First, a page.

Mark Lanegan possesses one of the most versatile male singing voices on our planet, capable of assimilating to desert-baked hard rock, Lee Hazlewood-style psych-country and blackened electronic pop. The former Screaming Tree has tried his hand at so many different styles of music that it adds to the anticipation of a new album. Where will he go this time?
For Phantom Radio, Lanegan doesn’t stray too far from the digital darkness that infected his last solo effort, 2012’s Blues Funeral. If anything, he and producer Alain Johannes have crystallized and improved upon the work they did on that previous record. These 10 songs have a nice luster to them even when Lanegan is plumbing his tortured mind for lyrical images.
The album is at its best when working within a beat-heavy landscape. Supposedly constructed using an iPhone app, many of the songs are built upon simple drum machine patterns that are festooned with gauzy synth and light guitar melodies and the voices of Lanegan and his female foil Shelley Brien wafting out from the shadows. There’s no denying the more minimalist moments here as well, like the pained “Torn Red Heart,” which feels like an ‘80s glitterball slow dance number viewed through three layers of textured glass, or “Judgement Time,” a track that sways on an acoustic guitar strum and the drone of a harmonium.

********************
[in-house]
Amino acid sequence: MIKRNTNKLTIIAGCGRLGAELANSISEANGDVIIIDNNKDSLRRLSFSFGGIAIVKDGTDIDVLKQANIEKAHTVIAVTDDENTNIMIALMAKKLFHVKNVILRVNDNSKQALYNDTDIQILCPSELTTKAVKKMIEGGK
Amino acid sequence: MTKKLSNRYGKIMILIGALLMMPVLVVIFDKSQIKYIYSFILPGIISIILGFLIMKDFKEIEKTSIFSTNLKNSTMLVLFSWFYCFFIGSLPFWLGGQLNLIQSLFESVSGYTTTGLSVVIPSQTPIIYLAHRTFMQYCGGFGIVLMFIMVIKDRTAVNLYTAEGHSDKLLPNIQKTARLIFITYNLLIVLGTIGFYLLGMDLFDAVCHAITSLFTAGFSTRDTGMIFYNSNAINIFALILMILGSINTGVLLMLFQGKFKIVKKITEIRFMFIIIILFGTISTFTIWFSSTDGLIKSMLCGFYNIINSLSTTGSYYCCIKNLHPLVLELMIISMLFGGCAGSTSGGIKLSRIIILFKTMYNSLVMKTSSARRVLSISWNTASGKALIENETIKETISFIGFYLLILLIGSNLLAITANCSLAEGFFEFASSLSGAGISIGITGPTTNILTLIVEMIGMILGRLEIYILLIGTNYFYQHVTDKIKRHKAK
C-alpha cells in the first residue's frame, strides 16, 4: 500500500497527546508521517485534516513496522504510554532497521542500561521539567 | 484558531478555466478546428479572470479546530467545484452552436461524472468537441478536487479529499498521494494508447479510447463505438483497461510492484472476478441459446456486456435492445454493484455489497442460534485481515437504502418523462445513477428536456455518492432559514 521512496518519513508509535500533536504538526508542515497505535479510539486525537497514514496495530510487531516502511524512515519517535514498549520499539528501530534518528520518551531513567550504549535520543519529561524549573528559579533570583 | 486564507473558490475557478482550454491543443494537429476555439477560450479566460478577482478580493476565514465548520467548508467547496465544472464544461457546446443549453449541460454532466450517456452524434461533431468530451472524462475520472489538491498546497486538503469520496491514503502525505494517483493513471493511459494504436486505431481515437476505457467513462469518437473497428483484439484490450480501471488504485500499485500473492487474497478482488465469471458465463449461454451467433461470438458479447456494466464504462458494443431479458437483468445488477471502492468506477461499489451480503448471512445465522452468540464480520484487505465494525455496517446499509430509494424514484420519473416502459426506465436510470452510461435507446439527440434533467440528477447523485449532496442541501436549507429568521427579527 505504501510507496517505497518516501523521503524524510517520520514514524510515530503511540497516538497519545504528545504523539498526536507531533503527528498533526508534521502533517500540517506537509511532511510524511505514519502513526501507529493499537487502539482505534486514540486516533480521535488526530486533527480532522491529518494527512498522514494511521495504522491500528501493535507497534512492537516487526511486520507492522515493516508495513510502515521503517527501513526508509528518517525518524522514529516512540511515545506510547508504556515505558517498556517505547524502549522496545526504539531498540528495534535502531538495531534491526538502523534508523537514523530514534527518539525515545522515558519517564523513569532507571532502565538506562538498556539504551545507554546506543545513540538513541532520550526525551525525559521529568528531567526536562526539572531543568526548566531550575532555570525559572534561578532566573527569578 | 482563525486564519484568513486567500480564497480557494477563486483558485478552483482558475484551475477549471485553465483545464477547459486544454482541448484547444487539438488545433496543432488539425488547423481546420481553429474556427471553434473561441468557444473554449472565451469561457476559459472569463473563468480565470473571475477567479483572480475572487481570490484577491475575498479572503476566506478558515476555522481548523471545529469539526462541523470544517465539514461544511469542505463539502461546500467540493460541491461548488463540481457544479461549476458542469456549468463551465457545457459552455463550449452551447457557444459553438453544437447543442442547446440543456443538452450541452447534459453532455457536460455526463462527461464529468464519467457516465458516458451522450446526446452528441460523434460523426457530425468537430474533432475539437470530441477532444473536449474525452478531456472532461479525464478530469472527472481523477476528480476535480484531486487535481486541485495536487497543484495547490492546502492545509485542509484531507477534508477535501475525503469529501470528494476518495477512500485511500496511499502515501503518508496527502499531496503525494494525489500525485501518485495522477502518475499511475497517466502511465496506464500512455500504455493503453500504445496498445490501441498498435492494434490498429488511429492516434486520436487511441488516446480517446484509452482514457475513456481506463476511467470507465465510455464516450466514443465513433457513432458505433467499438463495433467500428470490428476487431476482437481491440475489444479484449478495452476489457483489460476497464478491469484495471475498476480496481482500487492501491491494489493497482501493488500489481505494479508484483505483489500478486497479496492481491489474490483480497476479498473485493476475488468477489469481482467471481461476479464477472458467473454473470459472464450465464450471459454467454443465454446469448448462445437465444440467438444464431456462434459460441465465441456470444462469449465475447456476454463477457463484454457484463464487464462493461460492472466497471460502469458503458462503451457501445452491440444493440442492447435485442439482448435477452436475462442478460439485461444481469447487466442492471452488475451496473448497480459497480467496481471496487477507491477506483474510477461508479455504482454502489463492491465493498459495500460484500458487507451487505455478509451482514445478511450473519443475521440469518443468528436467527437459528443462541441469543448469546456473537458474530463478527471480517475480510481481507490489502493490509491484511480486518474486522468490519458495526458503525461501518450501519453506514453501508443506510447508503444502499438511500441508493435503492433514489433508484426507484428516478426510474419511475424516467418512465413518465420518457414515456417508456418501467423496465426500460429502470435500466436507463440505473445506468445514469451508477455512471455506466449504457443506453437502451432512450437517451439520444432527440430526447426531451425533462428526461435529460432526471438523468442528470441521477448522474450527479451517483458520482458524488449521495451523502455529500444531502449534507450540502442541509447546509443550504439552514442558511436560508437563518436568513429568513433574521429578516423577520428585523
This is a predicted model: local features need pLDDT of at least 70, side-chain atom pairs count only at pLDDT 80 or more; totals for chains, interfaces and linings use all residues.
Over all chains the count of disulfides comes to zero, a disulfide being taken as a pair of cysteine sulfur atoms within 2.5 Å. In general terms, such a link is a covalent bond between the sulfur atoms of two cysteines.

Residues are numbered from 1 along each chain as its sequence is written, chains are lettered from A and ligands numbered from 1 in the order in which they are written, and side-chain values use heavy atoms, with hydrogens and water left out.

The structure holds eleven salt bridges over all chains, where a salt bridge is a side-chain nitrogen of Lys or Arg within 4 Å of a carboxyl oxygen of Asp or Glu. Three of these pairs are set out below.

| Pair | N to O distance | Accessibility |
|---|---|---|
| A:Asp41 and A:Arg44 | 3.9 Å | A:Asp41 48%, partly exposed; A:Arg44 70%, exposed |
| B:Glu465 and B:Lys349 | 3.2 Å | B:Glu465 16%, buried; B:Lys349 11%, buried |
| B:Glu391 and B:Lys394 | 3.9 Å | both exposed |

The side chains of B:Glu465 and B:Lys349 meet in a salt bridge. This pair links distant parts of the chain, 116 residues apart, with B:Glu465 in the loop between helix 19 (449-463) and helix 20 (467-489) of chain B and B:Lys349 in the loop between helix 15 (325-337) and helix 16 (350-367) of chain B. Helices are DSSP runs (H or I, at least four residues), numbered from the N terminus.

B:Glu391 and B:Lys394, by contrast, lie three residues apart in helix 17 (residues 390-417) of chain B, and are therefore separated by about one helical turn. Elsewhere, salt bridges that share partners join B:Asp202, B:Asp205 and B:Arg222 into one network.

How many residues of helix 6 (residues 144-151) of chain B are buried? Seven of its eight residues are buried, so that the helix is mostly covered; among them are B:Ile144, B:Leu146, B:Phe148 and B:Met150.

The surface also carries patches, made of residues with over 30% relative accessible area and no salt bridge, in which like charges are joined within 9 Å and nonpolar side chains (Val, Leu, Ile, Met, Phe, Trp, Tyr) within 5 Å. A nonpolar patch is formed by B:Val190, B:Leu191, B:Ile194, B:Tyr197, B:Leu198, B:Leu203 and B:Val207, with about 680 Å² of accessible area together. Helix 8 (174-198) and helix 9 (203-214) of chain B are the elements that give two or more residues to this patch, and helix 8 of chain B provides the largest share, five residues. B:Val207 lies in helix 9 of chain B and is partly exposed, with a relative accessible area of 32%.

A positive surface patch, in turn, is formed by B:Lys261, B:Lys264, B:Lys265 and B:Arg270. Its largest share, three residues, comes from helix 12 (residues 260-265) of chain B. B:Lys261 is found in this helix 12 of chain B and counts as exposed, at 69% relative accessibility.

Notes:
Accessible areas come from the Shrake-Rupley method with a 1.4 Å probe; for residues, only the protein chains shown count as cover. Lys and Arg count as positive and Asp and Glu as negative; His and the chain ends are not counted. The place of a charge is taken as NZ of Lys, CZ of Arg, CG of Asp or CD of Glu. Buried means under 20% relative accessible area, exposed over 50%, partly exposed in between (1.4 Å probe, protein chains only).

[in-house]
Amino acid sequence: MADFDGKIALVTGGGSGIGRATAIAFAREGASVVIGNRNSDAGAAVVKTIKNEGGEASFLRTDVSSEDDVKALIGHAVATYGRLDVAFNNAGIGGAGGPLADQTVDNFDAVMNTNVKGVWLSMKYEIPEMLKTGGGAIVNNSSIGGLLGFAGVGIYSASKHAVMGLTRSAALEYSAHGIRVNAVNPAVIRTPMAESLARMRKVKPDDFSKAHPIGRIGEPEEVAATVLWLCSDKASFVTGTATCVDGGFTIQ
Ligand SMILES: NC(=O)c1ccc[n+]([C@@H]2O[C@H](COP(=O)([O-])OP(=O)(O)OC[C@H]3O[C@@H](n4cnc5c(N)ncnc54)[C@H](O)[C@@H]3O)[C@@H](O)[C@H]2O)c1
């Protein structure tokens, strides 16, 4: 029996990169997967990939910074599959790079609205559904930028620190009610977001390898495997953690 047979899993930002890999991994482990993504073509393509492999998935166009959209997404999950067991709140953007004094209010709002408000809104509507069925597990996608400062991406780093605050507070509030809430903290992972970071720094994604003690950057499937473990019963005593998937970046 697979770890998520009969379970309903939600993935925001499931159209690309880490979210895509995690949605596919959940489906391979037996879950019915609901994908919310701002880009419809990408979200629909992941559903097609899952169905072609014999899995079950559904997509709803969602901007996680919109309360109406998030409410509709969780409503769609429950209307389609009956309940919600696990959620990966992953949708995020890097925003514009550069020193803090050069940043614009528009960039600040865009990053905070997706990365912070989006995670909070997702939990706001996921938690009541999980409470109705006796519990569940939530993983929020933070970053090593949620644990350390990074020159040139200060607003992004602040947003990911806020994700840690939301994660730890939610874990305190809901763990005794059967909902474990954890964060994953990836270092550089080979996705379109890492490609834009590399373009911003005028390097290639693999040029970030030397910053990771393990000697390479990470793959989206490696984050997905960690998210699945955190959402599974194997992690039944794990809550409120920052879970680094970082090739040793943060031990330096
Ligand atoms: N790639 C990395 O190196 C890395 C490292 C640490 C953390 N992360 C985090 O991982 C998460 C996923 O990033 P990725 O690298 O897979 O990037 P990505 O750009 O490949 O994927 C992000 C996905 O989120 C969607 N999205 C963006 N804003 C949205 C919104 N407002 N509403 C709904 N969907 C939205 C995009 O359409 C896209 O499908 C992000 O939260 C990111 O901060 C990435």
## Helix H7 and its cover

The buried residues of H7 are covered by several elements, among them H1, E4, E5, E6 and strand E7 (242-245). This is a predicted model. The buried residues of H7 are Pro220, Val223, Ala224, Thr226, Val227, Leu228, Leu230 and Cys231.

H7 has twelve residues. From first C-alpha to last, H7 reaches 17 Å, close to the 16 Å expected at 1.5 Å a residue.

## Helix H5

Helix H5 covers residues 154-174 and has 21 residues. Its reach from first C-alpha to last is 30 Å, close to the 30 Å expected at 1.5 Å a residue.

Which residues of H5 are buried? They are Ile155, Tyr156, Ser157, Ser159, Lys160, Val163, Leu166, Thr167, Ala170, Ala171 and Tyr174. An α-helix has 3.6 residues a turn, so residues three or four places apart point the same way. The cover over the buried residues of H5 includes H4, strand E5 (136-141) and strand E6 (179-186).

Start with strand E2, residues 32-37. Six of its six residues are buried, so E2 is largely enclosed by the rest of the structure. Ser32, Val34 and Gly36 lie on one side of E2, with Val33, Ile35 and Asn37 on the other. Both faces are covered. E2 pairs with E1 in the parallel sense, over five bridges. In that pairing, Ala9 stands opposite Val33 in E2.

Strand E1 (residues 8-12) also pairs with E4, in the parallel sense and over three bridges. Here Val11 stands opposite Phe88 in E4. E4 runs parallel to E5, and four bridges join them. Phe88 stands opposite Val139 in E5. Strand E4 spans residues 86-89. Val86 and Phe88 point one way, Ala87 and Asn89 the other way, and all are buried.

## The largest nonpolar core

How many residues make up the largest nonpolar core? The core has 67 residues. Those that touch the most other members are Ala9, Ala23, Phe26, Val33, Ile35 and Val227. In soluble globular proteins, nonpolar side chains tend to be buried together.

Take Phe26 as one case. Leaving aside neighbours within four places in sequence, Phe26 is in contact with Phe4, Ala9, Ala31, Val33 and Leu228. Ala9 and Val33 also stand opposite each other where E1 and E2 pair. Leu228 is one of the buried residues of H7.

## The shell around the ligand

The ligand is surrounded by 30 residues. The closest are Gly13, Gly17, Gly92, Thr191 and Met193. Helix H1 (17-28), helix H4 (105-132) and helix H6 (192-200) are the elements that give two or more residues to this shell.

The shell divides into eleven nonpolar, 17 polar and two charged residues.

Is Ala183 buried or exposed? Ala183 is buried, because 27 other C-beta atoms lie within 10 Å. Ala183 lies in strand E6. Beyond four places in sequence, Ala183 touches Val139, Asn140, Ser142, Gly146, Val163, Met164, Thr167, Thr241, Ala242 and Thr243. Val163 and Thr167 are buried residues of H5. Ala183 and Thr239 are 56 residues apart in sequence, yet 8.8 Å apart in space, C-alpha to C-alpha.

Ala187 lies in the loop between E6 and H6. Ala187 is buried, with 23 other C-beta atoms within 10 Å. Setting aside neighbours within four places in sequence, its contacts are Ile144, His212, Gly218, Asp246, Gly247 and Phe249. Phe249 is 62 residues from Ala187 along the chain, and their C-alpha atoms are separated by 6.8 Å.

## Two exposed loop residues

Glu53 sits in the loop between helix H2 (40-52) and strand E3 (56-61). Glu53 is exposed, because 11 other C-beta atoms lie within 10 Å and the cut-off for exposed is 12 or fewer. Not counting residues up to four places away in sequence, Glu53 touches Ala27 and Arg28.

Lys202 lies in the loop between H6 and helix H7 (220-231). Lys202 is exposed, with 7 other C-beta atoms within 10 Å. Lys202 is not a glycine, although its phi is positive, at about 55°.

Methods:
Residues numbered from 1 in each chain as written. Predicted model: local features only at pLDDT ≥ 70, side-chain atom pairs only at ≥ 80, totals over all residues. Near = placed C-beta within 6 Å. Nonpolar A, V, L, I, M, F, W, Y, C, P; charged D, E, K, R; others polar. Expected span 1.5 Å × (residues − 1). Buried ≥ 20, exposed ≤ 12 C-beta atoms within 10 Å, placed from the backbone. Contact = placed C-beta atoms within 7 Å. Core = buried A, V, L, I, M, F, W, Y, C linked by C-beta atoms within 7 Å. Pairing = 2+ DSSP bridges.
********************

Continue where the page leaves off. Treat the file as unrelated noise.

Lanegan is not one of those artists who will hurtle to the top of the pop charts, no matter how much Epic Records really wanted his old band to back in the ‘90s. He’s cultivated a healthy career from following his own path no matter what the commercial prospects are. Left to his own devices without any interference from outside interests, and an astounding album of dark, sultry music like this is what you get in return.